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200,000 adults must be vaccinated a day, scientists say

hyperdurmic needle going into a vial.

By Juliano Oliveira

Researches of the University of New South Wales (UNSW) have affirmed that 200,000 adults must be vaccinated a day if the Federal Government wants to meet its October target.

As the authorities plan to rollout the vaccination campaign in late February, and the government wants to immunize 20 million adult Australians with two doses each in around eight months, the researches classified such process as an “immense logistical challenge.”

The health care system will have to quickly develop an efficient method to deliver around 200,000 doses a day and sustain that rate for several months.

“Two hundred thousand vaccinations a day is a truly furious pace. It’s possible, but will require dedicated large-scale vaccination sites capable of delivering thousands of doses a week in addition to the enthusiastic participation of general practices and community pharmacies countrywide,” the scientists said.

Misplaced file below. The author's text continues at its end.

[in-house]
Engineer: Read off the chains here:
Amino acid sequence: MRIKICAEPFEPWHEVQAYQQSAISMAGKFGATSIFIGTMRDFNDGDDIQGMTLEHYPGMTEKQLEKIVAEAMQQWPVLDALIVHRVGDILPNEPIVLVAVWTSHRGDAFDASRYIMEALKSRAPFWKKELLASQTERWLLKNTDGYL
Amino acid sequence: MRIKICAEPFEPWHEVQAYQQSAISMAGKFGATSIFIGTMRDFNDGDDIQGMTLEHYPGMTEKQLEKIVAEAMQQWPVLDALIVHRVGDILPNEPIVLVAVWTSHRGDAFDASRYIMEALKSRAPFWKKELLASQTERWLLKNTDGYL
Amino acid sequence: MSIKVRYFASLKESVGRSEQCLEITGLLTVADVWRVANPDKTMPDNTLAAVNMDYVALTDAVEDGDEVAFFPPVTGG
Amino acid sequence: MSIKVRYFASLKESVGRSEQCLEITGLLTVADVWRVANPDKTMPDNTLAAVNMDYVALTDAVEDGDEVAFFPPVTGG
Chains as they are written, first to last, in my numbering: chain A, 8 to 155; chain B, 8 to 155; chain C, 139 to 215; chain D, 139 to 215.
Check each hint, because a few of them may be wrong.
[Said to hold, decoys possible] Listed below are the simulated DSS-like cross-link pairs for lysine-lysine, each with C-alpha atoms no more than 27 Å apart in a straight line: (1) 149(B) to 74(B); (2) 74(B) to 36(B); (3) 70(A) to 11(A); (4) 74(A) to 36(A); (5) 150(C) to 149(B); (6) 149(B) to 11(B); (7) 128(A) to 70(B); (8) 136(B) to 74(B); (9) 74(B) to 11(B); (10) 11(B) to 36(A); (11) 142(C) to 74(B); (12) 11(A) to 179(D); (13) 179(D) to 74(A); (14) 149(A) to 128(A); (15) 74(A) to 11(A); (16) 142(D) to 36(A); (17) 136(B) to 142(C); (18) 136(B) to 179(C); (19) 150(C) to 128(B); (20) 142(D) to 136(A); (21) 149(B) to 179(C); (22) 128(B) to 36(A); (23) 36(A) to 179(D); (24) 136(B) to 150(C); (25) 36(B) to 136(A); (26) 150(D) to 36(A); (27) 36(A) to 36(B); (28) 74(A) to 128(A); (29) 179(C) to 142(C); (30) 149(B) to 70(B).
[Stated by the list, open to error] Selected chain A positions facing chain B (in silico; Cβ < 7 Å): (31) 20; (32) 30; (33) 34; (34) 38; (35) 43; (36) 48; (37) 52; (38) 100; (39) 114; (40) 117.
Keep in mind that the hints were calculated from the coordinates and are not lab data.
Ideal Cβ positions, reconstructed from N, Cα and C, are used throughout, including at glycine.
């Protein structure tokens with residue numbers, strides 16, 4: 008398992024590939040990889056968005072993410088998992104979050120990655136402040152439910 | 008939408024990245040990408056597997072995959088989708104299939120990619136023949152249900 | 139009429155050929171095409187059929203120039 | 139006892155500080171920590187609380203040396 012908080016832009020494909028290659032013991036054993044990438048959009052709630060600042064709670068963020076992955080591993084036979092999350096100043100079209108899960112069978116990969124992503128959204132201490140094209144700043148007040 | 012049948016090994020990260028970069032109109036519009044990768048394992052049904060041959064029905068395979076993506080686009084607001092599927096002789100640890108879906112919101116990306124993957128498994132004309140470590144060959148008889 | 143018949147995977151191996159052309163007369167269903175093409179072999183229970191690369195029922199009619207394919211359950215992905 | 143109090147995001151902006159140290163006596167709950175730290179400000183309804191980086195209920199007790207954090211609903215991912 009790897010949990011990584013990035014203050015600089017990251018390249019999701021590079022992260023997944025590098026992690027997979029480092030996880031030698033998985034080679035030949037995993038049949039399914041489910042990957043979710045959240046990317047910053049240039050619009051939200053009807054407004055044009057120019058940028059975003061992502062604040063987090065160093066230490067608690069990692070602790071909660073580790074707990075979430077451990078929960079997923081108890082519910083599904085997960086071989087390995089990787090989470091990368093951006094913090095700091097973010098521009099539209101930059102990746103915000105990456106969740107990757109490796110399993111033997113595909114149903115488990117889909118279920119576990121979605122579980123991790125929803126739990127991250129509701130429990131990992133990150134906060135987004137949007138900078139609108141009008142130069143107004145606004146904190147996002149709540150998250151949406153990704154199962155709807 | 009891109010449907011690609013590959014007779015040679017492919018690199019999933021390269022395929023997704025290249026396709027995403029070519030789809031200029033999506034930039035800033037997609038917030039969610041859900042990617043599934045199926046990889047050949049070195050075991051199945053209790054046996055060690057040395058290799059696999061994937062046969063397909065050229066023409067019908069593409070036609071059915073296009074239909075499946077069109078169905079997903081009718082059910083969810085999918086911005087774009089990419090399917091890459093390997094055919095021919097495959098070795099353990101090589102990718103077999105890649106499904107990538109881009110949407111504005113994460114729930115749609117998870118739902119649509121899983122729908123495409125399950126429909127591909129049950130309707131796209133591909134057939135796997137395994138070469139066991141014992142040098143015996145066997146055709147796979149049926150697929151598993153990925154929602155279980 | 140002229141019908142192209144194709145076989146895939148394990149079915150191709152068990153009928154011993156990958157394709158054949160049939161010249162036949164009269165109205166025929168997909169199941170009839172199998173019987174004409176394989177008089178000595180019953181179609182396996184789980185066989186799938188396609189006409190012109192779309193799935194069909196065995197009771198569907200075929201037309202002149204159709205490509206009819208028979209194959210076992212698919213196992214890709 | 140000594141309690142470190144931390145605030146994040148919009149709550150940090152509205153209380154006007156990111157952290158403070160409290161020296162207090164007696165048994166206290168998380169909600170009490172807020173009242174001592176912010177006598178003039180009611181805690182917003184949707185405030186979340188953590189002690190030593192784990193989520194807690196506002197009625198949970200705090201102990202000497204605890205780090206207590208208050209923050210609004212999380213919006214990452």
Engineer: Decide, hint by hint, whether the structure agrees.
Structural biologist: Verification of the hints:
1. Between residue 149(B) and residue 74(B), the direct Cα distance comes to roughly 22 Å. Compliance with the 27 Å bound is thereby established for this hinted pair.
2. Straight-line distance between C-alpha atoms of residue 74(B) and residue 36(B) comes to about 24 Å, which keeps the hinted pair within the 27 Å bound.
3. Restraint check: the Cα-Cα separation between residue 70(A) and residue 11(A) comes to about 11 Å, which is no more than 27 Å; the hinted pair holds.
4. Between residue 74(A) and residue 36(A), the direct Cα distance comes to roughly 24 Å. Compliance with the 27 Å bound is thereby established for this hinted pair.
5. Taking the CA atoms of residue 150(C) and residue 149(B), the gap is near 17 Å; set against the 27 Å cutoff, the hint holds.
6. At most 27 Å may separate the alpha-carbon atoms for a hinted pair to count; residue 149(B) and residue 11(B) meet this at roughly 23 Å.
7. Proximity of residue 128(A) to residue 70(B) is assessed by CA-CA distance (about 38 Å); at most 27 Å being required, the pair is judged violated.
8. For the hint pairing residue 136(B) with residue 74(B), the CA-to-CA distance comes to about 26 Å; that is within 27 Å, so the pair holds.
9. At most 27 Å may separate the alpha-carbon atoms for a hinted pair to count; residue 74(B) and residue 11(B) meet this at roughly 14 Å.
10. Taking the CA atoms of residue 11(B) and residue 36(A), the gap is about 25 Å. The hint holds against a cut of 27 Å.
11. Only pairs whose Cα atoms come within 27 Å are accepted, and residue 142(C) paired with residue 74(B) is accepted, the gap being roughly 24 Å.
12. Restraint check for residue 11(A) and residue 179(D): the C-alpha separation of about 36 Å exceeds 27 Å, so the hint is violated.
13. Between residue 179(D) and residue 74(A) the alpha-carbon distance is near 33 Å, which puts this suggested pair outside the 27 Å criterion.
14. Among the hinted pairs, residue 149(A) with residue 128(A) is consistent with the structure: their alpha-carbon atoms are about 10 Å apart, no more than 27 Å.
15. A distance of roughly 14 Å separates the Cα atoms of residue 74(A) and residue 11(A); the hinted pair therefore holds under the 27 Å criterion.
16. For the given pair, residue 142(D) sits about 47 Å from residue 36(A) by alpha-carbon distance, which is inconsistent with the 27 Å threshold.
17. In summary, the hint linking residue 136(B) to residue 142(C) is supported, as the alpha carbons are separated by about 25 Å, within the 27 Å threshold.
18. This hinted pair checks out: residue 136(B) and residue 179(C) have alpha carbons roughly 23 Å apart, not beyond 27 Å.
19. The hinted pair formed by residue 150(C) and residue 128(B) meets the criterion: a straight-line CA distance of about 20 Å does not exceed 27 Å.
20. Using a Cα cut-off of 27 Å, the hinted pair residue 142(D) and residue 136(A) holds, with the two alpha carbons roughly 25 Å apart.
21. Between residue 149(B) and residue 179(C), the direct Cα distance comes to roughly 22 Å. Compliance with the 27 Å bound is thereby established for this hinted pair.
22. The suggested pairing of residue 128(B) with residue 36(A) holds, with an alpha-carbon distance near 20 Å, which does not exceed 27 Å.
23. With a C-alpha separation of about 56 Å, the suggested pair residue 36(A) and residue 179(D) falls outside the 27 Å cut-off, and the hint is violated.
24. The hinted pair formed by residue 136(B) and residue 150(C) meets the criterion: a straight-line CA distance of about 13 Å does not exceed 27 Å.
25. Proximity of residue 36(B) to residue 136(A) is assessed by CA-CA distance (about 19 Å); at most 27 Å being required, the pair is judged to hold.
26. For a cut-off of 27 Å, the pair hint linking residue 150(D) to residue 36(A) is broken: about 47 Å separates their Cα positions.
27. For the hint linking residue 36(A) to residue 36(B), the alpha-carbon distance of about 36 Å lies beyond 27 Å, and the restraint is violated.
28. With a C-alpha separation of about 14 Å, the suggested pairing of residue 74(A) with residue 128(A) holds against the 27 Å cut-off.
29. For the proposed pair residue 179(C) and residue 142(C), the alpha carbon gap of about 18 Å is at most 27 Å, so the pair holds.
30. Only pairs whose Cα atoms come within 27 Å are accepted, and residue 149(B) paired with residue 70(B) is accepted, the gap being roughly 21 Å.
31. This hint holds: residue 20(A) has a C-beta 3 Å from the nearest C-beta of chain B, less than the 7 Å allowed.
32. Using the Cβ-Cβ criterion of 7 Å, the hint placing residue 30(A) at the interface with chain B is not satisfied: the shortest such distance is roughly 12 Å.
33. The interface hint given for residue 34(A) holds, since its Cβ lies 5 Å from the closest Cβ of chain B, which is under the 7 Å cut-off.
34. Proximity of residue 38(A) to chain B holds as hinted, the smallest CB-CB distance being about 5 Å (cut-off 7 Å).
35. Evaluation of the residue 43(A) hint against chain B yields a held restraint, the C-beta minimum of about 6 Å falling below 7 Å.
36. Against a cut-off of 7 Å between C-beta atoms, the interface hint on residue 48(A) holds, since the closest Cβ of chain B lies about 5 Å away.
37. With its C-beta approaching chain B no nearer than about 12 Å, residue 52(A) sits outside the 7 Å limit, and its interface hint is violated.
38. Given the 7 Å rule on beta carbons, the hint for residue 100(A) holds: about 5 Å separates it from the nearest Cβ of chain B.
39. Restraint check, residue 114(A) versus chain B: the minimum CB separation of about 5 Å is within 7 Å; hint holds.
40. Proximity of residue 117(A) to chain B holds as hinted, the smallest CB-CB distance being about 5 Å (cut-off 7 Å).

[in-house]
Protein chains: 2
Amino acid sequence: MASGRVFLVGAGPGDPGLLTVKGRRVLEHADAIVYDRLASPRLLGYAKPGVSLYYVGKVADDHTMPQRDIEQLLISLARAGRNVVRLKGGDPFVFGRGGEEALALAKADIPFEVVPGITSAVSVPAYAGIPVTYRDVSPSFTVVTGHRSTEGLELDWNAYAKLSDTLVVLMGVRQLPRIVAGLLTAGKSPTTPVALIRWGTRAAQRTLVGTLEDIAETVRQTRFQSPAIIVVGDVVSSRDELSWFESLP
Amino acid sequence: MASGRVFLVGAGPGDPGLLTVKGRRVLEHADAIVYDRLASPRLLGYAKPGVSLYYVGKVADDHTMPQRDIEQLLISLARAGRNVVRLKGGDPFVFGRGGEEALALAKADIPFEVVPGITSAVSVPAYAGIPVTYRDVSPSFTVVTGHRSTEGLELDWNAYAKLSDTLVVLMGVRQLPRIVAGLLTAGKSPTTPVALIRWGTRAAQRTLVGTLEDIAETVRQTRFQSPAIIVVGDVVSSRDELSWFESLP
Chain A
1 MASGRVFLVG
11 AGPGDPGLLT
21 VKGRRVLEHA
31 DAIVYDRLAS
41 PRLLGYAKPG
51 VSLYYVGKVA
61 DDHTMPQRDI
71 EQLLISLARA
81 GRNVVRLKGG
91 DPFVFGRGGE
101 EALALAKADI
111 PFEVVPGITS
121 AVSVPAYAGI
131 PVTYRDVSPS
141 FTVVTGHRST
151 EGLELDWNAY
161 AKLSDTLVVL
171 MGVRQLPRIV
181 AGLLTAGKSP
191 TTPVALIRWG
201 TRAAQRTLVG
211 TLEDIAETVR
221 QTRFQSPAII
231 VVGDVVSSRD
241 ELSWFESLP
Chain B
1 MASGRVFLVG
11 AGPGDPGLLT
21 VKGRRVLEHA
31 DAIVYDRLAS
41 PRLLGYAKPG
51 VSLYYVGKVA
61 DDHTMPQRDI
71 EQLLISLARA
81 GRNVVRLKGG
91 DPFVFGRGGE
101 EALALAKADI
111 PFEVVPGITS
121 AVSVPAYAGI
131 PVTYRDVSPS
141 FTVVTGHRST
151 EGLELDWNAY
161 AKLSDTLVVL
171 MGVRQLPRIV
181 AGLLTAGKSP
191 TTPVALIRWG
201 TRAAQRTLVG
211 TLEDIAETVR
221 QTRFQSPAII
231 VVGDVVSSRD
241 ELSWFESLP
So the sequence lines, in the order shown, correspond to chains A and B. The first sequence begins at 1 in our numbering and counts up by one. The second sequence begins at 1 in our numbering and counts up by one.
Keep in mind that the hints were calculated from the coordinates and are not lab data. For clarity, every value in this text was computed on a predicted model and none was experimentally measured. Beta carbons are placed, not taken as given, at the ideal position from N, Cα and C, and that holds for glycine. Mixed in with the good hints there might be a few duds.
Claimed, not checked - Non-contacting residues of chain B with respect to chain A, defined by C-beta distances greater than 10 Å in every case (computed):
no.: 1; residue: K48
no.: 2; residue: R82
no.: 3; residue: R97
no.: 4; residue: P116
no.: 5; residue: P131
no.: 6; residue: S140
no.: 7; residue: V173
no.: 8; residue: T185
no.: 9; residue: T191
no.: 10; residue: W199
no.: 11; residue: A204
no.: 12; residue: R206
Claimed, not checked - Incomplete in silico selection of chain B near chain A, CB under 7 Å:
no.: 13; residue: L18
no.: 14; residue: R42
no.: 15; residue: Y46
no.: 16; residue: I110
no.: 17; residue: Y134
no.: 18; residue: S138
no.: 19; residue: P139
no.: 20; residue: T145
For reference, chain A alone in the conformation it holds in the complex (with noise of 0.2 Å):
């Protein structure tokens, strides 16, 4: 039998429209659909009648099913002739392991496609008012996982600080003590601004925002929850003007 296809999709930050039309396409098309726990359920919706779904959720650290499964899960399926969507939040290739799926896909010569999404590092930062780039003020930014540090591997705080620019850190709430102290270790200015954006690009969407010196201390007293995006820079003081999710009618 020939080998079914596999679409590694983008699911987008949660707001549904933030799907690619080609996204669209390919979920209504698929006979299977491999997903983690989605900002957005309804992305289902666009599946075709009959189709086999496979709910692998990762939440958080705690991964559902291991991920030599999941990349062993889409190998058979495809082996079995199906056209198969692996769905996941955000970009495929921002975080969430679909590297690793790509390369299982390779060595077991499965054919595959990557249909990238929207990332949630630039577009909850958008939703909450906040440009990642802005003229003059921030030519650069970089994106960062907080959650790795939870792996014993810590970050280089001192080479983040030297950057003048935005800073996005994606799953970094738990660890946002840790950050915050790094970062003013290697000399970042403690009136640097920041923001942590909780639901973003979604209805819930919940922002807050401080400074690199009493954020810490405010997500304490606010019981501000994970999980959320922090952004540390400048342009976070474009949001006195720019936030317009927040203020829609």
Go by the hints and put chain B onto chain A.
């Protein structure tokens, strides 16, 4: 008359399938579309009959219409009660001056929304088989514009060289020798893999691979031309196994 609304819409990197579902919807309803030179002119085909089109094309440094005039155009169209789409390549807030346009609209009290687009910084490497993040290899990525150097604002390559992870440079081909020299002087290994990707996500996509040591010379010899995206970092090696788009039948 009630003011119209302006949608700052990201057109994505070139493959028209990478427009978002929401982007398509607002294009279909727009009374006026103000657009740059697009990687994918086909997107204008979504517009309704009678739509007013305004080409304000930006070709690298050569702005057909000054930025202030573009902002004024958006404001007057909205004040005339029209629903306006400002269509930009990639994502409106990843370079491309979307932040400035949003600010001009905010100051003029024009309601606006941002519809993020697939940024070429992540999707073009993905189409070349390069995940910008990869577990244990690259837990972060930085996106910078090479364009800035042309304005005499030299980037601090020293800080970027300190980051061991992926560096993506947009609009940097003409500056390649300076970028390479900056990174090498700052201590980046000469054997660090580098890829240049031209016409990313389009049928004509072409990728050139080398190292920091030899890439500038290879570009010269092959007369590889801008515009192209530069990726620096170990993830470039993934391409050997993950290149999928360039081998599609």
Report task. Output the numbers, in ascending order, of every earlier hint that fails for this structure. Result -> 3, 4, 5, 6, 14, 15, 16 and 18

“Our analysis finds 200,000 daily vaccinations from March would comfortably meet the October 2021 deadline. On the other hand, a rate of 80,000 per day — still seven times the PM’s starting point [of 80,000] — would see the rollout drag on until mid-2022.”

The scientists call attention to the fact that the recruitment process of 1,000 GPs and community pharmacies to join the vaccination rollout effort is currently underway.

“Even if half of the 5,800 pharmacies across Australia joined with the targeted 1,000 GPs, each location would still need to administer an average of 50 doses per day, seven days a week, for about six months.”

To remedy any shortage of vaccination sites, the government must follow the example proposed in the 2018 NSW Health Influenza Pandemic Plan.

“In a dedicated centre, trained nurses could vaccinate at a rate of between 80-100 people per hour. A similar approach in the UK has seen conference centres, sports stadiums, churches and mosques all co-opted as mass vaccination hubs, to great effect,” explained the scientists.

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